While watching one of my many favourite Youtubers mention was made of the big improvement in 3D image manipulation that can be achieved with a 3D mouse.   There is also some evidence that such a device does ease the strain on the wrist.

It seems there is one major player in the market and that is 3DConnexion.  I went through my previously published decision making process on a potential purchase and my Wireless Spacemouse arrived yesterday.

It is supplied with a soft storage pouch and there is a training course app with it which is straightforward.   You can then play a quiz to see how good your hand / eye coordination is.   Perhaps it is not good to dwell on the results of this ….

Initially it is certainly weird to use but then it seems to click (?) with brain and muscle memory and then becomes a major step forward when using Fusion 360.  You use your left hand on the Spacemouse and the right hand for normal mouse activity.

I like it.  In fact I like it a lot and wonder why I hadn’t latched onto it before now.

Hopefully it will ease the strain on my right wrist and probably pass the burden to my left wrist …. arthritis rules.

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Tormach MicroArc and Fusion 360 and 4th Axis

Tormach MicroArc 4th Axis Arrives

At last a 4th axis drive for the Tormach PCNC440 !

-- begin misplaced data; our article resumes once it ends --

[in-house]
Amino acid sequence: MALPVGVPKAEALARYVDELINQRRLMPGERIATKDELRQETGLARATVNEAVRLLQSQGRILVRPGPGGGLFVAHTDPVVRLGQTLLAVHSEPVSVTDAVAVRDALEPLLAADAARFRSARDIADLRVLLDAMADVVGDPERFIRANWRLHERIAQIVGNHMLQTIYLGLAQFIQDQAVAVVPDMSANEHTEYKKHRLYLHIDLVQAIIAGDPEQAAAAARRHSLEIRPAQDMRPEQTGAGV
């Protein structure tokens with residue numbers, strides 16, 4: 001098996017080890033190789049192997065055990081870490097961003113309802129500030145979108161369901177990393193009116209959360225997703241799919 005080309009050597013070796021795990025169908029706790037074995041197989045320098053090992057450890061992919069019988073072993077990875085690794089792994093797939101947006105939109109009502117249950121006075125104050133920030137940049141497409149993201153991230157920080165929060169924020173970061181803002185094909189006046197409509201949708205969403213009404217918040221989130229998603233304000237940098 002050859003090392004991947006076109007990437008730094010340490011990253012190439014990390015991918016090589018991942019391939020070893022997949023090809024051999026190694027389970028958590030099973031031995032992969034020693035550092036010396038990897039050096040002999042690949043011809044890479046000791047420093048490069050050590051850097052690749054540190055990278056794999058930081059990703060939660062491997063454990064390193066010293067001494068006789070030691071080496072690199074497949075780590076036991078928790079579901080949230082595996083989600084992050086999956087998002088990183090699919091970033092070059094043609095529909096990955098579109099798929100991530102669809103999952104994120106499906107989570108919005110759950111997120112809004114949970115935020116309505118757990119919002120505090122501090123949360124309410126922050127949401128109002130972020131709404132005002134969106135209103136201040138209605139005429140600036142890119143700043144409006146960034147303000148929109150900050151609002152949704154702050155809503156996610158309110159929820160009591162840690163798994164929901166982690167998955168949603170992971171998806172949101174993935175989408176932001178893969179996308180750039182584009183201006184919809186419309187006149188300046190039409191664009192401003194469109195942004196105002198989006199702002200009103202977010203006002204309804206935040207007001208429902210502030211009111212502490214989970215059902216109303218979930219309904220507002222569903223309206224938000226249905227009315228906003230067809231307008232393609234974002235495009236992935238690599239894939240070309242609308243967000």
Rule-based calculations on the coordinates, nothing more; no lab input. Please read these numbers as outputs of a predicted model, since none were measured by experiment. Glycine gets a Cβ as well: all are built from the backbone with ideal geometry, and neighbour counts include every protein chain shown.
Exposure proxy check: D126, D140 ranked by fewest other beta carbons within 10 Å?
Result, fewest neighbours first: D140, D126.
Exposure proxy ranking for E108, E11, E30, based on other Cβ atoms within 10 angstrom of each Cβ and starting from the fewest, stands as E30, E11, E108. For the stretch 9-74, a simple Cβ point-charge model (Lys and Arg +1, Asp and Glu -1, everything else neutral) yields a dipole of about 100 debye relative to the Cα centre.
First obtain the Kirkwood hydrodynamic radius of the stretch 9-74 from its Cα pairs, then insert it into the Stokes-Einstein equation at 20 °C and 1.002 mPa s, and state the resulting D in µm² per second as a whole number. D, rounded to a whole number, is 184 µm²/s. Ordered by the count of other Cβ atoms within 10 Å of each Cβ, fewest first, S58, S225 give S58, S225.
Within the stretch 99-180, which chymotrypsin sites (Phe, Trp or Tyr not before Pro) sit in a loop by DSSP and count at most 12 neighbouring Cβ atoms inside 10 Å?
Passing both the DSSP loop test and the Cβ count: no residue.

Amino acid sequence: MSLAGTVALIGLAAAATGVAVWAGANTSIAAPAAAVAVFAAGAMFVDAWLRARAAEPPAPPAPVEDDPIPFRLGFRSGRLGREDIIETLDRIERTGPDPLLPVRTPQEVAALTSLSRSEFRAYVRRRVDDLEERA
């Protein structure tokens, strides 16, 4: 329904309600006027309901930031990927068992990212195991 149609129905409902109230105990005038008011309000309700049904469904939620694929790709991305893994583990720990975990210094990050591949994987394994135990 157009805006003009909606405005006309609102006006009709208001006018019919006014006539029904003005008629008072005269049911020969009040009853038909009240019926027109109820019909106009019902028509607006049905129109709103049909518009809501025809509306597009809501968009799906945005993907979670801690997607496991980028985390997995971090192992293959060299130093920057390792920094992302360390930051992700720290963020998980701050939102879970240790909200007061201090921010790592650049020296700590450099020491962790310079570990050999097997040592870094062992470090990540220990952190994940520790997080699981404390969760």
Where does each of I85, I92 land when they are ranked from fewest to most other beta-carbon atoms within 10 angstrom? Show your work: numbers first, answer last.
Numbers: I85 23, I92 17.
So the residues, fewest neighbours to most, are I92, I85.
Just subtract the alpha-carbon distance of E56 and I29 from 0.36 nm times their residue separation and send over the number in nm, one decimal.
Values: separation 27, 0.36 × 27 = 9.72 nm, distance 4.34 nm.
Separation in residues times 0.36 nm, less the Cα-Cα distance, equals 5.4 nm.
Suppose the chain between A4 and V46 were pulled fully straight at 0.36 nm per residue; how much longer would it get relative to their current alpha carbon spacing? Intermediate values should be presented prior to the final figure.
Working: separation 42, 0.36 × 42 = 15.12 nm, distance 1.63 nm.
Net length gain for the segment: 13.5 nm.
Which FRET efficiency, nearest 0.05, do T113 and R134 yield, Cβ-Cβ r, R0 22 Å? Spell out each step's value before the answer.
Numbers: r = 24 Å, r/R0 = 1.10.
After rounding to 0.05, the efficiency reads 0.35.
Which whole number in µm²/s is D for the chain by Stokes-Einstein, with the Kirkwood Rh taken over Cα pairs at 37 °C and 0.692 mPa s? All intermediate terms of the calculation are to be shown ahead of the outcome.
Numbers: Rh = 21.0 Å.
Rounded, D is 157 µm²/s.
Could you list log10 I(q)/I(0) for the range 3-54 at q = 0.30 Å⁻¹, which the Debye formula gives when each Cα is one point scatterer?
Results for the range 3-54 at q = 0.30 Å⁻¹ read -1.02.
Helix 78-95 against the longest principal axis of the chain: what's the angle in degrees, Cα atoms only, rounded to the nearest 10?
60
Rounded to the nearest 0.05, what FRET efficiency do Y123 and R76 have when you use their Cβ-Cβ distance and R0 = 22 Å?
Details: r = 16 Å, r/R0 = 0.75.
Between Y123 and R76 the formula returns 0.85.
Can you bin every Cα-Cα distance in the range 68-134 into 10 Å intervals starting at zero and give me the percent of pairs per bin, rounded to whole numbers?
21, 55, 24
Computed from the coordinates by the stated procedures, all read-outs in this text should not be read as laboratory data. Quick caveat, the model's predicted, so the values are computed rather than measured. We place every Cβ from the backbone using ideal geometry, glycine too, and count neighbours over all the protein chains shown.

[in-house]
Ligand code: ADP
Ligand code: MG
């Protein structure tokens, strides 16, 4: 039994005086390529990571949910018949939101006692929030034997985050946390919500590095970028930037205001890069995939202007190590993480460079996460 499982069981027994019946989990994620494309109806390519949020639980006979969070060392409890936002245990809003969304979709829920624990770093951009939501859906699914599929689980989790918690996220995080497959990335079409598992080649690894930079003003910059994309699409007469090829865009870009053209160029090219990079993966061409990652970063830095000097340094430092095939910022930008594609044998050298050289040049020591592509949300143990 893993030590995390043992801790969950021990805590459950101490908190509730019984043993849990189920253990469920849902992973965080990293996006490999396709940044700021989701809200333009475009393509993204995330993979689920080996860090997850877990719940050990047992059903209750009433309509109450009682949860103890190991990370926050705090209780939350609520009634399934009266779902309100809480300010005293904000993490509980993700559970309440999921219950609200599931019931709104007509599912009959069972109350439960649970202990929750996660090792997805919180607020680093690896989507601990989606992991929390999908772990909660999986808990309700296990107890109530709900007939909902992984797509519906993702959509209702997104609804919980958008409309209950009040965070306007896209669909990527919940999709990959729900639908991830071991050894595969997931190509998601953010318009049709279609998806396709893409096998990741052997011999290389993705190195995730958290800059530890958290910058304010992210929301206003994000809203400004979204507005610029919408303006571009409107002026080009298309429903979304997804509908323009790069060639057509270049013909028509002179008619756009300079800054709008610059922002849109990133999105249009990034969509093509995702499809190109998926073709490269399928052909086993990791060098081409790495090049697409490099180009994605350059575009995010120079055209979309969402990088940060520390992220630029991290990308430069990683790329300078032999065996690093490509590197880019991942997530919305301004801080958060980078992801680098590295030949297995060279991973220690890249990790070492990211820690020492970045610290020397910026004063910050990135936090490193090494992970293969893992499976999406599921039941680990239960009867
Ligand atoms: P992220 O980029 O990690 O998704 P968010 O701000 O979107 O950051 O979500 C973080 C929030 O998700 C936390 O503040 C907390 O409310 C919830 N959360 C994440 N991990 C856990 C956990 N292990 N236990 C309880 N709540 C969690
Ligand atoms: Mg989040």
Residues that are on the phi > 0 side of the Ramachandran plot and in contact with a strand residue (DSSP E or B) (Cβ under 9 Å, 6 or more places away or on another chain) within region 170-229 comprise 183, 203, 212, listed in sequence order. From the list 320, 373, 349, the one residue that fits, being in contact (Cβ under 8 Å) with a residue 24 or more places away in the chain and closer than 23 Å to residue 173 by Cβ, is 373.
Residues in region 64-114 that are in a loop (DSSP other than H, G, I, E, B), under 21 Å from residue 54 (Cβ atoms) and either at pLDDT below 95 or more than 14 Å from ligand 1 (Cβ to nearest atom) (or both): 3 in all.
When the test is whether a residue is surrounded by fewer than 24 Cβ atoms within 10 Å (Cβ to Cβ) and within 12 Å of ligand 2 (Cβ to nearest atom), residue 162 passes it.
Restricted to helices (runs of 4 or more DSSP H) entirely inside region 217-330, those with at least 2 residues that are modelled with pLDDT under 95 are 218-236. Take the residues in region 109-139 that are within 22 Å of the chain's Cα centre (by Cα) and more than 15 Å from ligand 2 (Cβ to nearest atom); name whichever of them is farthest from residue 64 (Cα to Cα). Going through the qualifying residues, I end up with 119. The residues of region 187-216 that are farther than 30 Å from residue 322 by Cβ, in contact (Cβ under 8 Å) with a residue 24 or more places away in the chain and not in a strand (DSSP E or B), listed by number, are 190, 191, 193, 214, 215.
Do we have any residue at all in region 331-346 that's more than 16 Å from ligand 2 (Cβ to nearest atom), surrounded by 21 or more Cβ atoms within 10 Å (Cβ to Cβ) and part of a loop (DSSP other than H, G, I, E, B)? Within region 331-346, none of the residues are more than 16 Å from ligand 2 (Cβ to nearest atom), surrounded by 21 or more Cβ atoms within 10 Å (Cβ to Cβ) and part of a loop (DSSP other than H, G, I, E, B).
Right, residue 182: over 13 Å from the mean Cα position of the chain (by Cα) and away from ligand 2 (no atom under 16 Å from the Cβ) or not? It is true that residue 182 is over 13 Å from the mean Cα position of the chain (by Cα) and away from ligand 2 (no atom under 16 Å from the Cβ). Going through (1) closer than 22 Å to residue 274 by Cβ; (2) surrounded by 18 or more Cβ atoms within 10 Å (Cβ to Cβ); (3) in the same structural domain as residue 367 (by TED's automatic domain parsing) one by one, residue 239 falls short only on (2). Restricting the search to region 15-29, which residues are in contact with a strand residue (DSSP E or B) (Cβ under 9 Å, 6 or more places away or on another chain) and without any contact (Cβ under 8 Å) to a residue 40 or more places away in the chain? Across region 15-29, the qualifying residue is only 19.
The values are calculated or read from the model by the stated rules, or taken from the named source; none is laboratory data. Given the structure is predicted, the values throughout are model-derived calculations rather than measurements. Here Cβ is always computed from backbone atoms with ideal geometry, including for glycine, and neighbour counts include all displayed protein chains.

tormach microarc 4th axis

I have waited 4 years for this to be available and did not hesitate to put in my order to Tormach for one of the new MicroArc drives.  Probably the best way to get a good idea of this product is to watch John Saunders’ video.

The MicroArc wasn’t a low cost buy and because 4th axis was not around when my 440 was originally shipped, I needed a fitting upgrade kit as part of the order.   Having placed my order with Tormach it took exactly 7 days for DHL to arrive on my doorstep with the shipment.  Quite amazing considering the difficult times we are experiencing at the moment.

It took me about one hour to fit the new stepper driver and additional wiring.  As ever there were good clear instructions from Tormach.   I switched on the 440, enabled the 4th axis in PathPilot and I could control the A axis from the PathPilot screen.   Very impressed.

I watched John Saunders video on the MicroArc and how to do 4th axis programming in Fusion 360.  I drew up a simple model in Fusion but could not get it to produce working GCode.  I had some comms with John and he gave me some pointers.   The model had a rotational repeat pattern but while I could run a single op code, if I tried to run the rotational pattern the post processor came up with an error message and would not output any code.

I thought at first it was because I was only using a Fusion hobbyist licence and that 4th axis maybe was not possible.   A really helpful dialogue with Shannon McGarry at Fusion cleared up that issue so it must be something else.

After some experimenting I discovered that you have to set the axis of rotation in the post processor dialogue options list.   All then worked fine. 

We are up and running on 4th axis !